Once again, we return to the issue of errors in economics — home of incredibly insight arguments and utterly inane contributions. For the latter category, Professor Mark J. Perry takes today’s award for his contribution of stating Wal-Mart should be given the 2013 Nobel Peace Prize “for improving the lives of millions of low-income consumers globally.”
|By: BrandonJ Friday November 29, 2013 1:50 pm|
|By: fairleft Wednesday October 2, 2013 4:04 pm|
Obviously the Nobel Peace Prize should be given to Russian Foreign Minister Sergey Lavrov. In the quickest thinking diplomatic moment of all time, he literally prevented an imminent war by taking advantage of a U.S. Secretary of State John Kerry bonehead error, where Kerry sneered/joked that aggressive U.S. war on Syria would be called off only if “every single bit” of Syria’s chemical weapons were eliminated in a week. More details are in Syria calls John Kerry’s bluff, agrees to turn over its chemical weapons to UN.
|By: David Swanson Tuesday October 1, 2013 1:05 pm|
On October 11, we’ll learn whether the Norwegian Nobel Committee is interested in reviving the Nobel Peace Prize or putting another nail in its coffin.
|By: Peterr Saturday September 7, 2013 10:15 am|
Reading the 2009 announcement from the Nobel Peace Prize committee and Obama’s Nobel Laureate lecture, and then listening to the news today is an exercise in mental whiplash.
As the fourth anniversary of that announcement approaches, Obama might want to return his Nobel medal to Oslo. It’s not as if it means a lot to him any more.
|By: Norman Solomon Tuesday July 30, 2013 7:00 pm|
The sun rose with a moral verdict on Bradley Manning well before the military judge could proclaim his guilt. The human verdict would necessarily clash with the proclamation from the judicial bench.
In lockstep with administrators of the nation’s war services, judgment day arrived on Tuesday to exact official retribution. After unforgivable actions, the defendant’s culpability weighed heavy.
|By: David Swanson Tuesday March 26, 2013 6:40 am|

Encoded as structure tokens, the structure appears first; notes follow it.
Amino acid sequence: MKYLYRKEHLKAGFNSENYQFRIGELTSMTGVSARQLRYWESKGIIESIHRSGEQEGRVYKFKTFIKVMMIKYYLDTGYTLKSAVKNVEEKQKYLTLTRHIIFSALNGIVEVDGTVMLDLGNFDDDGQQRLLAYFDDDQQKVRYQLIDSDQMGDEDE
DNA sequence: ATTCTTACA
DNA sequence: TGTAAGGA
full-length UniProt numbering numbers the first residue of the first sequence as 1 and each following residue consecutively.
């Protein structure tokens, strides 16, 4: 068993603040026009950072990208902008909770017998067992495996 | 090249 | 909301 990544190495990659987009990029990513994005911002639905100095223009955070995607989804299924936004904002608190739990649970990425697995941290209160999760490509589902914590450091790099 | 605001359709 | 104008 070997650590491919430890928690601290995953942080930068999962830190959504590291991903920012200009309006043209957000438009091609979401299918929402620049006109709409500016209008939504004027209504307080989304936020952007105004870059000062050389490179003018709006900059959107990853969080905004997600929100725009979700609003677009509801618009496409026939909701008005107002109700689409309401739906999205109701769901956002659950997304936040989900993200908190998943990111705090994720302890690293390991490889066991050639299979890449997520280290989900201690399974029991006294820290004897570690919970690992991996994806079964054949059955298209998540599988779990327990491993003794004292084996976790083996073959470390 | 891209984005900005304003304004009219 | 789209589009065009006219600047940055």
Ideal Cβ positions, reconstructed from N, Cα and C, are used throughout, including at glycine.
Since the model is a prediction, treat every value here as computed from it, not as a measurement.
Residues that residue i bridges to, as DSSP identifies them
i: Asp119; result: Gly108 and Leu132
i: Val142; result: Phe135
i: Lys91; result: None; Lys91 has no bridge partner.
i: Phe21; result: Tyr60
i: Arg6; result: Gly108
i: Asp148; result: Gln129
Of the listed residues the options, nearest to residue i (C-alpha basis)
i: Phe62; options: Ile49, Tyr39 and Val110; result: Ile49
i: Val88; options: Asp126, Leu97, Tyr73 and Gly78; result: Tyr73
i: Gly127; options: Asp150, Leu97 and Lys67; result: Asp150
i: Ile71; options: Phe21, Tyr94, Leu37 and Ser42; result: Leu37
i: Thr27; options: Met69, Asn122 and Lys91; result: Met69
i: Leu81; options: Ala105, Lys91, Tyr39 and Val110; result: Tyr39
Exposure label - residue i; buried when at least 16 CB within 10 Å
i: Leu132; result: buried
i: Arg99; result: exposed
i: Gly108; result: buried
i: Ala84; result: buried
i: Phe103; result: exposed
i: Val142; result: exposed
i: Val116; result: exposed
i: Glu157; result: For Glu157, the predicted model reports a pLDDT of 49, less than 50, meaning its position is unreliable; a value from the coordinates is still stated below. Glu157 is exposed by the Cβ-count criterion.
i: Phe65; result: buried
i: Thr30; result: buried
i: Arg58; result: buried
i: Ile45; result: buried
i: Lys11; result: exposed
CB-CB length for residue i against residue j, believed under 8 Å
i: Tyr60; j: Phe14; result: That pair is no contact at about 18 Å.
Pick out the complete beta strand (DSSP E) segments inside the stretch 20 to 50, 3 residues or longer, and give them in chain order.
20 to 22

Whistleblower Bradley Manning has been nominated for the Nobel Peace Prize, and he should receive it.
No individual has done more to push back against what Martin Luther King Jr. called “the madness of militarism” than Bradley Manning. The United States is the leading exporter of weapons and itself spends as much preparing for more wars as the rest of the world combined. Manning is the leading actor in opposition to U.S. warmaking, and therefore militarism around the world. What he has done has hurt the cause of violence in a number of other nations as well.
|By: Norman Solomon Wednesday January 16, 2013 1:20 pm|
A simple twist of fate has set President Obama’s second Inaugural Address for January 21, the same day as the Martin Luther King Jr. national holiday.
|By: David Dayen Saturday October 13, 2012 10:00 am|
The Nobel Peace Prize for 2012 has been awarded to the European Union, in what the Nobel Committee describes as a kind of lifetime achievement award for keeping Europe mostly out of war with one another since 1945.
“The Norwegian Nobel Committee has decided that the Nobel Peace Prize for 2012 is to be awarded to the European Union (EU). The union and its forerunners have for over six decades contributed to the advancement of peace and reconciliation, democracy and human rights in Europe.”
|By: David Swanson Friday October 12, 2012 7:25 am|
Yes, indeed, it is a little-acknowledged feat of miraculous life-saving power that Europe has not gone to war with itself — other than that whole Yugoslavia thing — since World War II. It’s as clear a demonstration as anything that people can choose to stop fighting. It’s a testament to the pre-war peace efforts that criminalized war, the post-war prosecutions of the brand new crime of making war, the reconstruction of the Marshall Plan, and … and something else a little less noble, and much less Nobel-worthy.
|By: David Swanson Sunday February 5, 2012 9:30 am|
Alfred Nobel’s will, written in 1895, left funding for a prize to be awarded to “the person who shall have done the most or the best work for fraternity between nations, for the abolition or reduction of standing armies and for the holding and promotion of peace congresses.”
The first such prize, awarded in 1901, went to Jean Henry Dunant and Frédéric Passy, two men who held and promoted peace congresses, two peace activists, two men who were not elected officials. Nor were they war makers.